May 2016 Issue
April 27, 2016

Campaign will boost NYSUT's voting power

Source: NYSUT United

In the November 2014 election, 83 percent of NYSUT members were registered to vote; on election day in 2014, less than 56 percent of those NYSUT members who were registered actually showed up at the polls. Both of those numbers are much better than the general population, but there's no question we could do so much better.

The union's new Pledge to Vote campaign aims to increase voter turnout among NYSUT members by having them formally commit to vote in local, state and national elections.
NYSUT Political Director Melinda Person said at the Pre-RA Local and Retiree Council Presidents Conference last month that research shows when people make formal commitments to do something they are more inclined to follow through.

The goal of NYSUT's campaign — rolling out this spring in every region of the state — is to persuade 95 percent of all NYSUT members to take the pledge and to vote in November.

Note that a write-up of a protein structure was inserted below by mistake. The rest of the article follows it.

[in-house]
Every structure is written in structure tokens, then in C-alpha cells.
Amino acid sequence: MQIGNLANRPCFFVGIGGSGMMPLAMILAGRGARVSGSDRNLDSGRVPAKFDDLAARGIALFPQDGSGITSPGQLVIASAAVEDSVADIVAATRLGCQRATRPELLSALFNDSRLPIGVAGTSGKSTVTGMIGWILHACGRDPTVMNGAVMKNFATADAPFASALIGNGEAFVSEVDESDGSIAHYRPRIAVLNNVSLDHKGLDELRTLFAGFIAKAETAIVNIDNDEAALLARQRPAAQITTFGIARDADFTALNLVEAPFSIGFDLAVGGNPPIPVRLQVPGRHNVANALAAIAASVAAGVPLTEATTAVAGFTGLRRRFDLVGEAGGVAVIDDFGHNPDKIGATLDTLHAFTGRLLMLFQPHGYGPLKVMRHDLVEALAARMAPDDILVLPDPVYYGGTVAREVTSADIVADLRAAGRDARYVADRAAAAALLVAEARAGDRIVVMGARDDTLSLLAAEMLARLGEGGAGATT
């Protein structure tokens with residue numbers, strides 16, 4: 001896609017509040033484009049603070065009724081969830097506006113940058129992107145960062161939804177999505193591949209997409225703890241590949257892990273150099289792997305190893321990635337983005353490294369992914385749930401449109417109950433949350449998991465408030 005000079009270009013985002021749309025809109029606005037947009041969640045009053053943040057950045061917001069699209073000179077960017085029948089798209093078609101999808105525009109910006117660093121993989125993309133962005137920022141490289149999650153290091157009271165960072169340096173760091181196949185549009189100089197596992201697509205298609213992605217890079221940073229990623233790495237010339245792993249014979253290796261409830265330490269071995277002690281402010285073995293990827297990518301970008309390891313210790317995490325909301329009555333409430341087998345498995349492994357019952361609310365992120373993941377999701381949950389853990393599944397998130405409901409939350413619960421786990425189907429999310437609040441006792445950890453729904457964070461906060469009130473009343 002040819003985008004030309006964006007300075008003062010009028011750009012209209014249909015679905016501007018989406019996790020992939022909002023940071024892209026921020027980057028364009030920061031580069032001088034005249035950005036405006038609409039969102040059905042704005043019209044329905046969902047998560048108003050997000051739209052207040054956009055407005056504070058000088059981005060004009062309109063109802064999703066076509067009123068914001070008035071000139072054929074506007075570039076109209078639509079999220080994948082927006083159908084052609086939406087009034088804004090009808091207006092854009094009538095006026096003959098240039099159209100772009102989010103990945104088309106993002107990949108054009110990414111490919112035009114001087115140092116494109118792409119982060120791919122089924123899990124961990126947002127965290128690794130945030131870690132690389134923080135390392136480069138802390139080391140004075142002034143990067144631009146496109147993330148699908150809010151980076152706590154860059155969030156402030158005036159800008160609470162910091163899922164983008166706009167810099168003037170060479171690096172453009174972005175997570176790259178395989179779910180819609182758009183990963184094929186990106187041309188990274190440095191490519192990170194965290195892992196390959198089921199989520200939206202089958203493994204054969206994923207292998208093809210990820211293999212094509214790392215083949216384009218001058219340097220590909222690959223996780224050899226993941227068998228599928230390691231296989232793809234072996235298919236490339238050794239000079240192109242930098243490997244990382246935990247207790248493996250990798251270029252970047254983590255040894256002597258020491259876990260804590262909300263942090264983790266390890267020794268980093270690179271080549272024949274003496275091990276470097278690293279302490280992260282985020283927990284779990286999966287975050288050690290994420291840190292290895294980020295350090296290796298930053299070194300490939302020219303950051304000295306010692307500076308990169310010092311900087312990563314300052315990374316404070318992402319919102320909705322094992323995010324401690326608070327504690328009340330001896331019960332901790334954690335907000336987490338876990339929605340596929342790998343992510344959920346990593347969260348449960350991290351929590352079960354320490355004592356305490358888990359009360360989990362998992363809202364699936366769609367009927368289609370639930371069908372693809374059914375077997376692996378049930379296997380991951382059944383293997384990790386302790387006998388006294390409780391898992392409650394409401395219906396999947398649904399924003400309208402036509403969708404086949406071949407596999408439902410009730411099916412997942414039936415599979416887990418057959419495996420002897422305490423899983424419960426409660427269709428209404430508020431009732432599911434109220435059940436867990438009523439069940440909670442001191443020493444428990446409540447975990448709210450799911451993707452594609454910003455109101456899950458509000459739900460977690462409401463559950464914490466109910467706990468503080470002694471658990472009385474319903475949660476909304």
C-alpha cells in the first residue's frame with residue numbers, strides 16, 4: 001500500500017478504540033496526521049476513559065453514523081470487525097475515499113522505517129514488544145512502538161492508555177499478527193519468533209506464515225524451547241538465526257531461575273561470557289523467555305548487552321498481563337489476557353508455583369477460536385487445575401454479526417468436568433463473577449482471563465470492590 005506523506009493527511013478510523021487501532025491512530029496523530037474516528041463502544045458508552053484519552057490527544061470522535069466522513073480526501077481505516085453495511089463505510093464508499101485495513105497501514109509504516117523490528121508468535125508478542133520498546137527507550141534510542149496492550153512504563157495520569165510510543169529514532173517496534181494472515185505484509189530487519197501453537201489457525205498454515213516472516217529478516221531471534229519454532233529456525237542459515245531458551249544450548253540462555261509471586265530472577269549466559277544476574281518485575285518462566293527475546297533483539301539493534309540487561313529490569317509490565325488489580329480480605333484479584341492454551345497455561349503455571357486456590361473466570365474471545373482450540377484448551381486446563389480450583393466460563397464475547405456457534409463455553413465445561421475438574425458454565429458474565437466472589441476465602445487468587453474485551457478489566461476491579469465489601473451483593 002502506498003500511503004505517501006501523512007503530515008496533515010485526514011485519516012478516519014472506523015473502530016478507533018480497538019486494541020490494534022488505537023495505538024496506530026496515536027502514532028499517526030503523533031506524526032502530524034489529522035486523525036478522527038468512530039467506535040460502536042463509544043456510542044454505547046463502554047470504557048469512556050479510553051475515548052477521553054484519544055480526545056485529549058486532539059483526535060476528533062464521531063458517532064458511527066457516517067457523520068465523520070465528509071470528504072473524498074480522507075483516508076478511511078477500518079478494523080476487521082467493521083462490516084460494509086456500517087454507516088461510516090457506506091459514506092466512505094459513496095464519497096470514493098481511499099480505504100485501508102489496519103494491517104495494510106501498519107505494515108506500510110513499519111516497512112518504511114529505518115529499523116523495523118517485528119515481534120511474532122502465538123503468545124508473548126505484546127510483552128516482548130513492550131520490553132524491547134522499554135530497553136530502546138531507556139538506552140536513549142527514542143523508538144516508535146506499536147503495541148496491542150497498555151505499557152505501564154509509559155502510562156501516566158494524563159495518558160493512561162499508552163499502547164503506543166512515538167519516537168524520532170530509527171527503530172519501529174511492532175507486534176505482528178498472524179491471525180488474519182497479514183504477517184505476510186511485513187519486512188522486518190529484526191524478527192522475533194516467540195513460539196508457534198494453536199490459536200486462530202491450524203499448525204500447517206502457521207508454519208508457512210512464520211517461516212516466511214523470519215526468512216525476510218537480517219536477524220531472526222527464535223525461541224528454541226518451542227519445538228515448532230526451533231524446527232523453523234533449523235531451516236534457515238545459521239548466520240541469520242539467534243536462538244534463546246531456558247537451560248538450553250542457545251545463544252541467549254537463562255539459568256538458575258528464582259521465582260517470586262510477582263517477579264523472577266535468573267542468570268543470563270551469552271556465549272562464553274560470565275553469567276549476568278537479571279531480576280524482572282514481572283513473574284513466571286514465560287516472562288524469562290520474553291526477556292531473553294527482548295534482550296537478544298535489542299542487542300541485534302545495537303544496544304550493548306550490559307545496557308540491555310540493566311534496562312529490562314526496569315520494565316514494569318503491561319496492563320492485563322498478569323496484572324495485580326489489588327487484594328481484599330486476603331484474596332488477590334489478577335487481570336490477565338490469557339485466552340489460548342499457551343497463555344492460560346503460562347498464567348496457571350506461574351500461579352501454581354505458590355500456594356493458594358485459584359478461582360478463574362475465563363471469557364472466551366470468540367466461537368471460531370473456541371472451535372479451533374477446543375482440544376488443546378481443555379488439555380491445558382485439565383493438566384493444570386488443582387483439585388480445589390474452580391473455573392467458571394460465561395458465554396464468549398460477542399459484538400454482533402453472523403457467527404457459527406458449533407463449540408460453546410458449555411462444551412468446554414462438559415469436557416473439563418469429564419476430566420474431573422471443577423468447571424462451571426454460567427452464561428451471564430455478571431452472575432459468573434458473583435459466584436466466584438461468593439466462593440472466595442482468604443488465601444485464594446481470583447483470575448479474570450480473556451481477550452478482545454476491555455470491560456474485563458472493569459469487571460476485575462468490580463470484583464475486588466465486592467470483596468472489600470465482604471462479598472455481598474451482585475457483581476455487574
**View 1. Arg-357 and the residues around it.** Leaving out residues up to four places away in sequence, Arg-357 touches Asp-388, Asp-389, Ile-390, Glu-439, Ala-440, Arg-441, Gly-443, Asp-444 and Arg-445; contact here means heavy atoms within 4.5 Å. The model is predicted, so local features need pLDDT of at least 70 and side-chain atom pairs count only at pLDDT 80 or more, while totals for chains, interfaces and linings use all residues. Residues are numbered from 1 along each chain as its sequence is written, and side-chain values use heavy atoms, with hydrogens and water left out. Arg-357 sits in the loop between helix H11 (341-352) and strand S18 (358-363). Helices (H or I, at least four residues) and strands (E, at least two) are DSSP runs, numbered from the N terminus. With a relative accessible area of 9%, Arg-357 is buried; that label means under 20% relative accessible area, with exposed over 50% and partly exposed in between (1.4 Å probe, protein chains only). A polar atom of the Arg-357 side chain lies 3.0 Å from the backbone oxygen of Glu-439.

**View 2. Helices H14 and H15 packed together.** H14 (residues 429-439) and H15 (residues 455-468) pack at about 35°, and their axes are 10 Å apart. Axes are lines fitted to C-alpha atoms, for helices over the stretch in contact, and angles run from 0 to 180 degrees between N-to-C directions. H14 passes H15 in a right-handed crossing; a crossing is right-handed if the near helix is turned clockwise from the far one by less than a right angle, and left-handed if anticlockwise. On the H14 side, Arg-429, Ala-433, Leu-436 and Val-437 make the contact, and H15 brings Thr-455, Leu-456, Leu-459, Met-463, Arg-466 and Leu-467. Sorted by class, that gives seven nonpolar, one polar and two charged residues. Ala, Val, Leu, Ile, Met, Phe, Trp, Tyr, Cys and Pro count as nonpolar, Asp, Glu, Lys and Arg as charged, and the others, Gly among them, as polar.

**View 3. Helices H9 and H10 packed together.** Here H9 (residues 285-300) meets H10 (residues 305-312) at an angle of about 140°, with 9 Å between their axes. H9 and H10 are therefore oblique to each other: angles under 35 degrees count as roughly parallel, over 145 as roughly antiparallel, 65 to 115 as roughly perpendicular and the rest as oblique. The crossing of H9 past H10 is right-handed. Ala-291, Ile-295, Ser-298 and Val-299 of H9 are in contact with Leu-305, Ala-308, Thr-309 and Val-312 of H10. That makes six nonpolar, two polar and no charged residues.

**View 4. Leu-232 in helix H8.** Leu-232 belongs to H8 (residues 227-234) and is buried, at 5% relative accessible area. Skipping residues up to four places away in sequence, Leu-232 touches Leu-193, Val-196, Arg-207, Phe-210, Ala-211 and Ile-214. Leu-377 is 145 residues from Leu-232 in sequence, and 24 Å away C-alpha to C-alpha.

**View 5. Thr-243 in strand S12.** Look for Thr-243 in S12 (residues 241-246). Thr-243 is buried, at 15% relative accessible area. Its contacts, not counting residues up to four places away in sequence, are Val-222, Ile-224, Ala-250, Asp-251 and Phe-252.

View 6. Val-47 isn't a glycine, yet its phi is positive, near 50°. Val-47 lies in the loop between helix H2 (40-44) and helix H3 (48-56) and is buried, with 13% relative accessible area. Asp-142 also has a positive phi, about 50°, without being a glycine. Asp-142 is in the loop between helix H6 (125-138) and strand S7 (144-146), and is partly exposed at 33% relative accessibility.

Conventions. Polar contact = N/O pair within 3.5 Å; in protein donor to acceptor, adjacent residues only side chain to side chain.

"Every election involves issues of interest to NYSUT members, union members in general and the communities we serve," said Andy Pallotta, NYSUT executive vice president. "With participation on this level near 100 p e r c e n t , we have the ability to make meaningful change. It's as simple as voting in your own best interest, and no one can do it for you."

Person said NYSUT members account for between 5 percent and 8 percent of the electorate in each of New York's Assembly and Senate districts.

The Pledge to Vote campaign will come to everywhere NYSUT members are employed. Leadership volunteers will distribute postcards to members, ask them to fill them out and take the pledge to vote. The pledge form will also be available online at pledge.

In the run up to the next election, NYSUT will contact those who signed the pledge and remind them that they promised to get to the polls.

The program will not tell people how to vote; the intention is to engage members in the political process. When it comes to the ability to determine elections, Person said, our members "make a difference."